What to do with Burris

WHAT TO DO WITH BURRIS…. Senate Democrats know they don’t want to seat Roland Burris, but aren’t sure how. Mike Allen reports on their plans to resist the Blagojevich appointment.

Senate officials tell Politico that if presented with the appointment, they are likely to give the Rules Committee 90 days to determine the propriety of the appointment by looking into such issues as whether Blagojevich received anything in return for it.

“A motion to refer credentials to the committee has the effect of delaying seating,” a Senate Democratic aide said. “The motion is debatable and amendable.”

Another official explained: “That buys us 90 days.”

That should be enough so the senators won’t have to act to prevent Burris from joining the chamber. Blagojevich’s defiance inflamed Illinois legislators, speeding up the impeachment process.

“He will not be governor by Valentine’s Day,” the official said.

That’s fine, I suppose, but it doesn’t resolve what may prove to be a very awkward scene on the Hill next week. As far as Burris is concerned, he is, legally and legitimately, the junior senator from the state of Illinois. He plans, like his colleagues, to show up for work on Tuesday and take the oath of office.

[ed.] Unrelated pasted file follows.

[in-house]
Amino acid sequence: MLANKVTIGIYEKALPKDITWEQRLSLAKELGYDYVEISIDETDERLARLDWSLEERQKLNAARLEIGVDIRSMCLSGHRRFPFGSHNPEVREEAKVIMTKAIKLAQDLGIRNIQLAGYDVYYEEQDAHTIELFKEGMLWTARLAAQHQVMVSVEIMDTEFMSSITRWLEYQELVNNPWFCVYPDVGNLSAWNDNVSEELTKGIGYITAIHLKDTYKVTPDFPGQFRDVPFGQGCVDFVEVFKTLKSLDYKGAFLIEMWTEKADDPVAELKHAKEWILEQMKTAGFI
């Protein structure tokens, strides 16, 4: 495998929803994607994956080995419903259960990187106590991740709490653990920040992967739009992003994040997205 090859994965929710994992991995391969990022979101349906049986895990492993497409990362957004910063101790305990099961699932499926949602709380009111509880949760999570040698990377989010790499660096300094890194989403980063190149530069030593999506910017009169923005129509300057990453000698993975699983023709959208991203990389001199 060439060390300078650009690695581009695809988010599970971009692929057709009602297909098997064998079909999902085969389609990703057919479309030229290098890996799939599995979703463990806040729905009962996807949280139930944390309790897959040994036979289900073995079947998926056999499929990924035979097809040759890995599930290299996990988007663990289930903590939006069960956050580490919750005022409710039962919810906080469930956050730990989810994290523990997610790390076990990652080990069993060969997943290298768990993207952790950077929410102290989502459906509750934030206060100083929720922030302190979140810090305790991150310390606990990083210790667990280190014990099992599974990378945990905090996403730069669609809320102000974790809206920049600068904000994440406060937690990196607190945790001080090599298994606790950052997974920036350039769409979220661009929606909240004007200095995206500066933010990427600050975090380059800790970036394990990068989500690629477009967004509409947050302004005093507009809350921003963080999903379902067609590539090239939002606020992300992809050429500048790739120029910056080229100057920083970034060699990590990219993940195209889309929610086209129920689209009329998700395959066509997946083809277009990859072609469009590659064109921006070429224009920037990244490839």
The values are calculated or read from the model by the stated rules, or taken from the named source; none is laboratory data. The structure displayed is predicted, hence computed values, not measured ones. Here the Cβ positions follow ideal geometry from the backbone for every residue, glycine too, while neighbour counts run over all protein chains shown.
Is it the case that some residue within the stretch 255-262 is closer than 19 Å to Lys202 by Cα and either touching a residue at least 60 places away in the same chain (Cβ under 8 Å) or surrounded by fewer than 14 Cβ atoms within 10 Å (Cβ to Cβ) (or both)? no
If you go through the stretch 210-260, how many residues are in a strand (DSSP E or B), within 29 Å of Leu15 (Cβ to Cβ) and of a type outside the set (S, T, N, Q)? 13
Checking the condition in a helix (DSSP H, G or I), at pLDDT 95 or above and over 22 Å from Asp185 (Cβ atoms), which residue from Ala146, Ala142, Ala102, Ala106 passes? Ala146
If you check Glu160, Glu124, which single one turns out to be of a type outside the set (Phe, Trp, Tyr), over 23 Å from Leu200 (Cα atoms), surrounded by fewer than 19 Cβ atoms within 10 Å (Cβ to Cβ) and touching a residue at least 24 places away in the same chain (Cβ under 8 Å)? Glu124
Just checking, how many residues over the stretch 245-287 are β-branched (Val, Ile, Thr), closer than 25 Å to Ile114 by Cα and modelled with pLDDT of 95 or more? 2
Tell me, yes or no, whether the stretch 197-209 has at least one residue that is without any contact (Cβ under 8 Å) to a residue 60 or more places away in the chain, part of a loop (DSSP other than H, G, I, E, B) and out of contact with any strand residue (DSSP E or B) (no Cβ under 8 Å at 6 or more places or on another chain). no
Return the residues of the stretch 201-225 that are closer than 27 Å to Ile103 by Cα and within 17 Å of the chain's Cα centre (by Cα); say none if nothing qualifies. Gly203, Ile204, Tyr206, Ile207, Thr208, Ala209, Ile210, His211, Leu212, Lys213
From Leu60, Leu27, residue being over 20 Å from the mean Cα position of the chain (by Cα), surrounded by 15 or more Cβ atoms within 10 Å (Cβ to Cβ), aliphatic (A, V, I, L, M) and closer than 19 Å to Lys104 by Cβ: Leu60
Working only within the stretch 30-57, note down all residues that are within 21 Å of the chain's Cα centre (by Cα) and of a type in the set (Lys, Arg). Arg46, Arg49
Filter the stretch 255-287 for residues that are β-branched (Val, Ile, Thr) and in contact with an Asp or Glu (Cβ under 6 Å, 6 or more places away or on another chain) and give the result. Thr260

A variety of possibilities may play out, including possible delays by way of the courts, but here’s the one to keep an eye on:

Should Roland Burris show up for duty in the Senate on Tuesday, armed police officers stand ready to bar him from the floor.

This cinematic showdown is among an elaborate set of contingencies that Democratic leaders are planning if, as expected, the former Illinois attorney general appointed by Gov. Rod R. Blagojevich shows up with newly elected senators to press his claim that he is the legitimate replacement for President-elect Barack Obama.

This entire mess has had a vague implausible-Hollywood-script kind of vibe for a few weeks now, but it may yet get even worse.

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